There are a number of reasons nurse practitioners wait to start working after graduation. A tight job market, personal circumstances and just plain fatigue can delay the start of a job search. But, in my conversations with new graduate nurse practitioners, I’ve heard a number of themes that tend to work against new NPs who delay a job search. Taking too much time off after graduation can be a detriment to the nurse practitioner career you’ve worked so hard to be educated for. Here are 3 reasons to begin working as soon as possible.
1. Licensing Woes
In order to practice as a nurse practitioner, you’ll need to have a license to work in the state where you’re employed. State licensing requirements vary significantly so get familiar with those in the locations where you might want to work. In some states, NPs encounter licensing hurdles if there is a significant gap between the time they graduate and the time they obtain employment or experience as a NP. In Oregon, for example, a nurse practitioner that graduated more than one year ago must have at least 192 hours of NP practice experience to obtain a license. This practice requirement increases to 960 hours if the NP graduated more than 2 years ago. This means that if you’re a new grad nurse practitioner in the State of Oregon who waits longer than one year to get licensed post-graduation, you may need to go out-of-state to get some NP experience before you’re eligible to work in Oregon.
Don’t let unexpected licensing regulations curb your ability to use your degree. Obtain your NP license as soon as possible after graduation, even if you don’t plan to work immediately.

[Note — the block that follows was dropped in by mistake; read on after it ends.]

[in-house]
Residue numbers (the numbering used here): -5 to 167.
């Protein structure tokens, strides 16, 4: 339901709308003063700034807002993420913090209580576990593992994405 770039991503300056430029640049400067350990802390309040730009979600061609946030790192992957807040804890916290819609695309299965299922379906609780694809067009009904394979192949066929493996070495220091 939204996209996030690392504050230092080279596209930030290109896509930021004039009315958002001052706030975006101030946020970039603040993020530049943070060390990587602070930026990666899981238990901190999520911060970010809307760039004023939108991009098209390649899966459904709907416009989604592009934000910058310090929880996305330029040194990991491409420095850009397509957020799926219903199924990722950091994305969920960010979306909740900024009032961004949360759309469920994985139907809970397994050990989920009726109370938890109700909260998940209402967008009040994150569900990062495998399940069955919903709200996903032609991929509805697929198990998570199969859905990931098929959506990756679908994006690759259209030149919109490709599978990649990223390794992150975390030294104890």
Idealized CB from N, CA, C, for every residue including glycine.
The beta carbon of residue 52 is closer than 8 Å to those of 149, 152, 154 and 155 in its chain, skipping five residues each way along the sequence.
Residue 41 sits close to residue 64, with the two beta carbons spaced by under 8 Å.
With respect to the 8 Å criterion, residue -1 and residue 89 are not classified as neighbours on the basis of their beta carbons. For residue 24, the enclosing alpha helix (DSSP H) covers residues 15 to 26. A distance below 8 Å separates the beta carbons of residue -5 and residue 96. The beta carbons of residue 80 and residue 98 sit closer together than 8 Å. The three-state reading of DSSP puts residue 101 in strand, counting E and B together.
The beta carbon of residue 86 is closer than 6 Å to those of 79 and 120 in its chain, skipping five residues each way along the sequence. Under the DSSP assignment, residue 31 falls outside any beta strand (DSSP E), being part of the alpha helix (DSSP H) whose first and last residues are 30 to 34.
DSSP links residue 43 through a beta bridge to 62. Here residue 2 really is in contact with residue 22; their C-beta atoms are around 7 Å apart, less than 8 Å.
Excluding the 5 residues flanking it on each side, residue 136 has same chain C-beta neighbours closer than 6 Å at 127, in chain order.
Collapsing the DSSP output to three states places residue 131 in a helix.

The phrase “use it or lose it” does carry weight when it comes to your clinical skill set. It’s going to be much easier to recall the latest hypertension treatment algorithm immediately post-graduation than if you wait a year to enter practice. Not to mention, the longer you wait the more your confidence in your ability to recall these essential clinical pearls will decrease as well. Practicing immediately after your NP graduation allows you to use your newly attained skills and knowledge while they’re still fresh so you’re as well prepared to enter practice as possible.
3. Resume Gap
If you’re unemployed (or even employed but not in a role that uses your nurse practitioner degree), after a few months prospective employers start to grow suspicious. Do you really have motivation to work in the clinical setting? Is there something wrong with you or your skills that has prevented others from hiring you? Why is it taking you so long to land a job? Whether or not these suspicions are founded in truth, a gap on your resume, even post-graduation, doesn’t look good – especially when you’re applying for a job in a clinical role that requires significant recall. Prevent your resume from landing in the recycle bin by kicking off your job search immediately after (or even a bit before) wrapping up your nurse practitioner program.
While you may have totally legitimate reasons for taking a breather between NP graduation and finding employment as a nurse practitioner, this plan can work against you. Carefully weigh your options as you consider your post-graduation timeline.
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